Extracorporeal Membrane Oxygenation in the Therapy of Cardiogenic Shock: Results of the ECMO-CS Randomized Clinical Trial | SCAI

Why is this study important?

Mortality from cardiogenic shock has remained largely unchanged over the past 3 decades. Mechanical circulatory support may play a role in reducing mortality, but randomized trials evaluating mechanical circulatory support are limited. 

What question was this study supposed to answer?

Venoarterial (VA) extracorporeal membrane oxygenation (ECMO) also known as extracorporeal life support (ECLS) is available for circulatory support in patients with cardiogenic shock in many institutions worldwide and the utilization has been increasing annually. To date, there have been no randomized controlled trials evaluating the use of venoarterial ECMO in patients with cardiogenic shock. 

ECMO-CS was a modest-sized RCT including 117 cardiogenic shock patients at four centers in the Czech Republic between 2014 and 2022. Patients in severe cardiogenic shock (corresponding to SCAI stage D or E shock) were randomized to immediate VA ECMO cannulation versus early conservative therapy with inotropes and vasopressors. The primary endpoint was a composite of death from any cause, resuscitated arrest or implantation of another mechanical circulatory support device at 30 days.  

What did the study show?

There was no significant difference in the primary endpoint between the early ECMO cannulation group compared to the initial conservative therapy group at 30 days in the intention to treat analysis. There was also no difference in the secondary endpoint of serious adverse events, which included bleeding, limb ischemia, stroke, sepsis and pneumonia. There are several limitations to this study. First, the study took eight years to enroll 117 patients across four ECMO centers. Thus, there were likely many patients with cardiogenic shock who met the criteria for the study, but were not enrolled, suggesting that there was likely selection bias (as seen in other trials evaluating mechanical circulatory support devices). It is important to note that there was a 39% crossover rate from the conservative therapy arm into the ECMO arm as a “bailout”. The Kaplan-Meier curve for the primary endpoint shows an initial separation in the curves between the two arms. This gap, however, narrows starting at approximately 5 days from initial presentation, perhaps as the crossovers occurred. Additionally, pulmonary artery catheter hemodynamics were not required. Perhaps one of the most important limitations is the low rate of ventricular unloading, which has been shown in small RCT’s to improve outcomes in VA ECMO patients.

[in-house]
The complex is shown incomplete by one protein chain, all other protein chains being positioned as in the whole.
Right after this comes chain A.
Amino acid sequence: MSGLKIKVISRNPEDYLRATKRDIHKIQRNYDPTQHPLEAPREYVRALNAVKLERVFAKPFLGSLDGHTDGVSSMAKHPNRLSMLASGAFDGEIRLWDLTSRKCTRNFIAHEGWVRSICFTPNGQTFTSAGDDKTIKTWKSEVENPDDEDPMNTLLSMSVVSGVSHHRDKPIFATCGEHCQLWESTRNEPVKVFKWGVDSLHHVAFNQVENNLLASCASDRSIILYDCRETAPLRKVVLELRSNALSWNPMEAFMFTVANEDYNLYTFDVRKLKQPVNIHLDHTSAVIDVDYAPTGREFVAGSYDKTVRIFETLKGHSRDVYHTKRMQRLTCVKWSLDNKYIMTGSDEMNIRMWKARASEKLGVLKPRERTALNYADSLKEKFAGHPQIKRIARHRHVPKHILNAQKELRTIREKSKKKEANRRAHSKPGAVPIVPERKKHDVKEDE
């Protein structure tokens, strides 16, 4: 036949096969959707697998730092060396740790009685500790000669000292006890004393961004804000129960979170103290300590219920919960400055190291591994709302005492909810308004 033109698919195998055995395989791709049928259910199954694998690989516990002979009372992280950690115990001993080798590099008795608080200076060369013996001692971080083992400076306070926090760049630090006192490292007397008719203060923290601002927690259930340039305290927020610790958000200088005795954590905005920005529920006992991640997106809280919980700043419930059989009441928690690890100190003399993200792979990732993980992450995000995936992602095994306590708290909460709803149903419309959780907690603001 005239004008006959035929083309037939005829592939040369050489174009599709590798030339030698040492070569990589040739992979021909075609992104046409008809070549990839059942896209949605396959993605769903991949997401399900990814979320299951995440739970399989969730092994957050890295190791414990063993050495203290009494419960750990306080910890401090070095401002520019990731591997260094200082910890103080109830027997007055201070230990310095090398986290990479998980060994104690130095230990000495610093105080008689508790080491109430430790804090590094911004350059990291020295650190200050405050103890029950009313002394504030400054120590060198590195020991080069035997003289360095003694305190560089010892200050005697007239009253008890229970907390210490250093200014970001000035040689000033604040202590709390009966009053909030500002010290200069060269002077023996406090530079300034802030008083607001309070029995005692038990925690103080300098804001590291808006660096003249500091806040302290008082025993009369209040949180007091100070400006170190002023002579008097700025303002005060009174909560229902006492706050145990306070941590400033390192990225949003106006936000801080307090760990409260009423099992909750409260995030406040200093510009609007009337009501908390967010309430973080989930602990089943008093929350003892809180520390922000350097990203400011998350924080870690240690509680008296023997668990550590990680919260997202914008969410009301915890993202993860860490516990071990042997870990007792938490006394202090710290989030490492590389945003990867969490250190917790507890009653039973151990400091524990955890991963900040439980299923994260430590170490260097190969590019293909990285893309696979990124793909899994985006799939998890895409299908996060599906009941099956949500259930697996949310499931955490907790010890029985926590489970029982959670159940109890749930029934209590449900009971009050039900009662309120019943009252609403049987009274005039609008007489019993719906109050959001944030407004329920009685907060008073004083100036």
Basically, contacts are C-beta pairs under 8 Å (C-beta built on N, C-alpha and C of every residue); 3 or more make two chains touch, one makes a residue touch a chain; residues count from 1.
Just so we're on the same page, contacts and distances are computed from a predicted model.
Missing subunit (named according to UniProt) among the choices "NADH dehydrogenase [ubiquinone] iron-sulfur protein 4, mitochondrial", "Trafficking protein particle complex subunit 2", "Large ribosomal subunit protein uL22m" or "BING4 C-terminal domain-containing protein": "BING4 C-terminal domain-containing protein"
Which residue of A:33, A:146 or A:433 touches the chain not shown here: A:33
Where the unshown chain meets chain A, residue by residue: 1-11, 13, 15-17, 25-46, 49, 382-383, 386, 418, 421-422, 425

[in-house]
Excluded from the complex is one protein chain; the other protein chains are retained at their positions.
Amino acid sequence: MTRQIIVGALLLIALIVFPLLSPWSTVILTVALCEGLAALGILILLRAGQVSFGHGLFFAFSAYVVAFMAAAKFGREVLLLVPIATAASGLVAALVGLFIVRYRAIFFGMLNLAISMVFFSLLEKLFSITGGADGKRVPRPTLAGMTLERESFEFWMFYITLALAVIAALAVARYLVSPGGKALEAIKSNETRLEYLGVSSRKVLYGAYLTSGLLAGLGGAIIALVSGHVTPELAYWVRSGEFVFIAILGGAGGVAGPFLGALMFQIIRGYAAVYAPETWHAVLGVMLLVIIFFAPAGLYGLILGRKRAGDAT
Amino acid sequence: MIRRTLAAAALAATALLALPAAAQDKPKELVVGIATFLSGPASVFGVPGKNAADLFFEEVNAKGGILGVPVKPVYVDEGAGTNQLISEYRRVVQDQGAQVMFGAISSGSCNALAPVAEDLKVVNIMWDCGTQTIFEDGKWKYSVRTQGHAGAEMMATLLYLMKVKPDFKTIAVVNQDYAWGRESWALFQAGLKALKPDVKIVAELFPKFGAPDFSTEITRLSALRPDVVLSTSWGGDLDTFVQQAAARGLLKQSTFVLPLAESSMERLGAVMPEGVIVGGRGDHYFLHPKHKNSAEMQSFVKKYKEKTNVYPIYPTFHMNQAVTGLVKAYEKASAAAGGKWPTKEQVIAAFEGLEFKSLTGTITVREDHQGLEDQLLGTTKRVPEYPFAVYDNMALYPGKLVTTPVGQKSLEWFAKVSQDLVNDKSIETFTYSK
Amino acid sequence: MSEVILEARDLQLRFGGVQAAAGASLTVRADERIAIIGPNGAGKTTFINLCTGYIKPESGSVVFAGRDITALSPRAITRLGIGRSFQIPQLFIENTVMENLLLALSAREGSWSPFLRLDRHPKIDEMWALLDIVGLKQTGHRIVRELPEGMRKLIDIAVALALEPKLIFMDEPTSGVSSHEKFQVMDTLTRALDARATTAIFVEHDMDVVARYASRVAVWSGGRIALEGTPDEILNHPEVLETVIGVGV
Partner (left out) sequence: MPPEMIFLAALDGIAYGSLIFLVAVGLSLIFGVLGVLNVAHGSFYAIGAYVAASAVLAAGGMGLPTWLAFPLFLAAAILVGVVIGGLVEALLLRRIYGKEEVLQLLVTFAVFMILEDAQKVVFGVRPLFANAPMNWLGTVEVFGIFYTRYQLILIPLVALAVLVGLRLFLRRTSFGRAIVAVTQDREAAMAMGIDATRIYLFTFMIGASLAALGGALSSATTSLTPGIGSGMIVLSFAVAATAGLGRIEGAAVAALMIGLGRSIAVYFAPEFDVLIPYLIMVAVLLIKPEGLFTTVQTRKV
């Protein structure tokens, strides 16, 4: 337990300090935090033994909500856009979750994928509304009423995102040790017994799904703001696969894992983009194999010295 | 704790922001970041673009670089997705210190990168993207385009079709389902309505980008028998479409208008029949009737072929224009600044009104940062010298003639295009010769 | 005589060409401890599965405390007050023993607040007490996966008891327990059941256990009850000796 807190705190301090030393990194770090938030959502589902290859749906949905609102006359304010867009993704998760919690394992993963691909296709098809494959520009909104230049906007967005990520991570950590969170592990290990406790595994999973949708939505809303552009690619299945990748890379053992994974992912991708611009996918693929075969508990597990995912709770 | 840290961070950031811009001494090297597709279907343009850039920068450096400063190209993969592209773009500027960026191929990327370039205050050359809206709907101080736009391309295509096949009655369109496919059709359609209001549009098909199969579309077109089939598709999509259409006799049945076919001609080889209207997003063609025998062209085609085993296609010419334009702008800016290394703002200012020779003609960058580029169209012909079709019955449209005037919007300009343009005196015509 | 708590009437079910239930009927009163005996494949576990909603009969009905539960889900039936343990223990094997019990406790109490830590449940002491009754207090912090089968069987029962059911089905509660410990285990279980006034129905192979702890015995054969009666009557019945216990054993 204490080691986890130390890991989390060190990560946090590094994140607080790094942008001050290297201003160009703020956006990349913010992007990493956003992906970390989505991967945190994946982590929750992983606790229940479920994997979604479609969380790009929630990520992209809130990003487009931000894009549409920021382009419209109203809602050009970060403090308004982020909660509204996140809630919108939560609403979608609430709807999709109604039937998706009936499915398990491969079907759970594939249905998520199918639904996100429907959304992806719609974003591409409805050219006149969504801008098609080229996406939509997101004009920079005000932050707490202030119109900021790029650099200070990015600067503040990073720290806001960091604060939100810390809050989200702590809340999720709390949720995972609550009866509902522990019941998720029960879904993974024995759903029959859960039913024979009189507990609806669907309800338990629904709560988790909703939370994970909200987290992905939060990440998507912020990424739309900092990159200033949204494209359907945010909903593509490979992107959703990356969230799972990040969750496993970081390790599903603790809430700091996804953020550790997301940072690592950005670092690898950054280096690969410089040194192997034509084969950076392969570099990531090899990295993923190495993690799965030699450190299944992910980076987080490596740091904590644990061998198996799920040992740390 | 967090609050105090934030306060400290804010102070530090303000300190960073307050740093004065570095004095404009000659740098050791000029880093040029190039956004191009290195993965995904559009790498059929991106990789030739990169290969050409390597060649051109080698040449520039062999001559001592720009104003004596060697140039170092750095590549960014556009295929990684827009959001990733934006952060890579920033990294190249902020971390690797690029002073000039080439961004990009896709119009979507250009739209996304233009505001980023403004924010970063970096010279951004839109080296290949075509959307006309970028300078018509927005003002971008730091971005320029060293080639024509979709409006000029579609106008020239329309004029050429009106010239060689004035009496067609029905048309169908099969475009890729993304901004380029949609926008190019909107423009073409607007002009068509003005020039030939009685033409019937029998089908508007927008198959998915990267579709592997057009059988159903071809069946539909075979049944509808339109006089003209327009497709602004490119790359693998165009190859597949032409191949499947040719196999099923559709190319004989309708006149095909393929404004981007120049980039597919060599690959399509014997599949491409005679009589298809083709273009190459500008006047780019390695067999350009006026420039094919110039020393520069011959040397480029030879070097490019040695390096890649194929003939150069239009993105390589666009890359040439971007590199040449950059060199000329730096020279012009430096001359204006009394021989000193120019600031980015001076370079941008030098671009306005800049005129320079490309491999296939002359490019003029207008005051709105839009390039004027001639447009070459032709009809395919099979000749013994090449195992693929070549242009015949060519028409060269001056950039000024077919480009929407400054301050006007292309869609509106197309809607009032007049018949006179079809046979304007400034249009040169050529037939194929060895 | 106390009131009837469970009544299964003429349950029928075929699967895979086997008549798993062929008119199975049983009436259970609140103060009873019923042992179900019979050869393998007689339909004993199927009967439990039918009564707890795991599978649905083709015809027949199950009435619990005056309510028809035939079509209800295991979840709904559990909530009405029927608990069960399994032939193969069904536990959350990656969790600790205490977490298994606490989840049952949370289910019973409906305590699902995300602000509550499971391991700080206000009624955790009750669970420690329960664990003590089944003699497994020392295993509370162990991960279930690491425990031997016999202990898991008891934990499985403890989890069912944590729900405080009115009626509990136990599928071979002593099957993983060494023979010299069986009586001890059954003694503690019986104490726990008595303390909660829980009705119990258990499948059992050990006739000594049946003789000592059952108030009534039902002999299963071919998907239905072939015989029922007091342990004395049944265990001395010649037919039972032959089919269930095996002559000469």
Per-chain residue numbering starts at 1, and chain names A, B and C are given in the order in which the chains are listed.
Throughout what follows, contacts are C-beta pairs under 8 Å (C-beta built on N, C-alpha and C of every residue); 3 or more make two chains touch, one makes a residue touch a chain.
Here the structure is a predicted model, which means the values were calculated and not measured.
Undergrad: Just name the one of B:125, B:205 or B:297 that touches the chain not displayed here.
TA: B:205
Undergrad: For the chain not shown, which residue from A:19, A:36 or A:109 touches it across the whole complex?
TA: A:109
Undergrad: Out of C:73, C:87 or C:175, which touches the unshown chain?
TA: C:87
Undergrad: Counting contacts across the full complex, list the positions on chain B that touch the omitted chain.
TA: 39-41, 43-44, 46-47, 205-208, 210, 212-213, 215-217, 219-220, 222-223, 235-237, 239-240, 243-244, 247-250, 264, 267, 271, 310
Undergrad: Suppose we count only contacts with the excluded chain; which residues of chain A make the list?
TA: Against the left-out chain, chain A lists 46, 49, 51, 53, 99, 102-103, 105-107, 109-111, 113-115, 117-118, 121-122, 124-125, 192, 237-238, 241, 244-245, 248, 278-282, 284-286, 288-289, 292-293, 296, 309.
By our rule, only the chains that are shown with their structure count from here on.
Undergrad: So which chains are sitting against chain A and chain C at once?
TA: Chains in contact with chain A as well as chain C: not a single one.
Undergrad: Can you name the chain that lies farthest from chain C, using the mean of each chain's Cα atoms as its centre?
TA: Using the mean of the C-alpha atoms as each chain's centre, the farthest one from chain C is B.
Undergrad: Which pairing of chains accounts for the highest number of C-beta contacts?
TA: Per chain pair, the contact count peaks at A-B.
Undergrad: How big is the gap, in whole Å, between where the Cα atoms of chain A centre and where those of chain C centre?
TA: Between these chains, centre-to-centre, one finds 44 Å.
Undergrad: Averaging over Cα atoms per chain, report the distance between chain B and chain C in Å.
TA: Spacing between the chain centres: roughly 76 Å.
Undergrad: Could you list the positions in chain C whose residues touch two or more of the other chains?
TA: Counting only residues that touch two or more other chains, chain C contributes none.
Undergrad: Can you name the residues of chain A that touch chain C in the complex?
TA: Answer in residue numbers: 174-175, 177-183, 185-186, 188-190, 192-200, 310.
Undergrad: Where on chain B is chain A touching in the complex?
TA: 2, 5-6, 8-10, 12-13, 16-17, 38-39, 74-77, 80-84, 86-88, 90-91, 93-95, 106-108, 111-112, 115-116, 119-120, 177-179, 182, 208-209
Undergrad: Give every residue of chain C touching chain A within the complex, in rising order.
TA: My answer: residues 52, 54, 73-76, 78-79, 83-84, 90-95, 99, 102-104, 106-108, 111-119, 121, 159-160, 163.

Given the high rate of crossover, the conclusion that can be taken away from this study is that an early ECMO strategy is probably not better than an initial conservative strategy using VA ECMO as a bailout. The rate of adverse events, however, is similar regardless of the approach. Additional RCTs assessing the utility of VA ECMO in cardiogenic shock should include hemodynamic data and criteria for required LV unloading.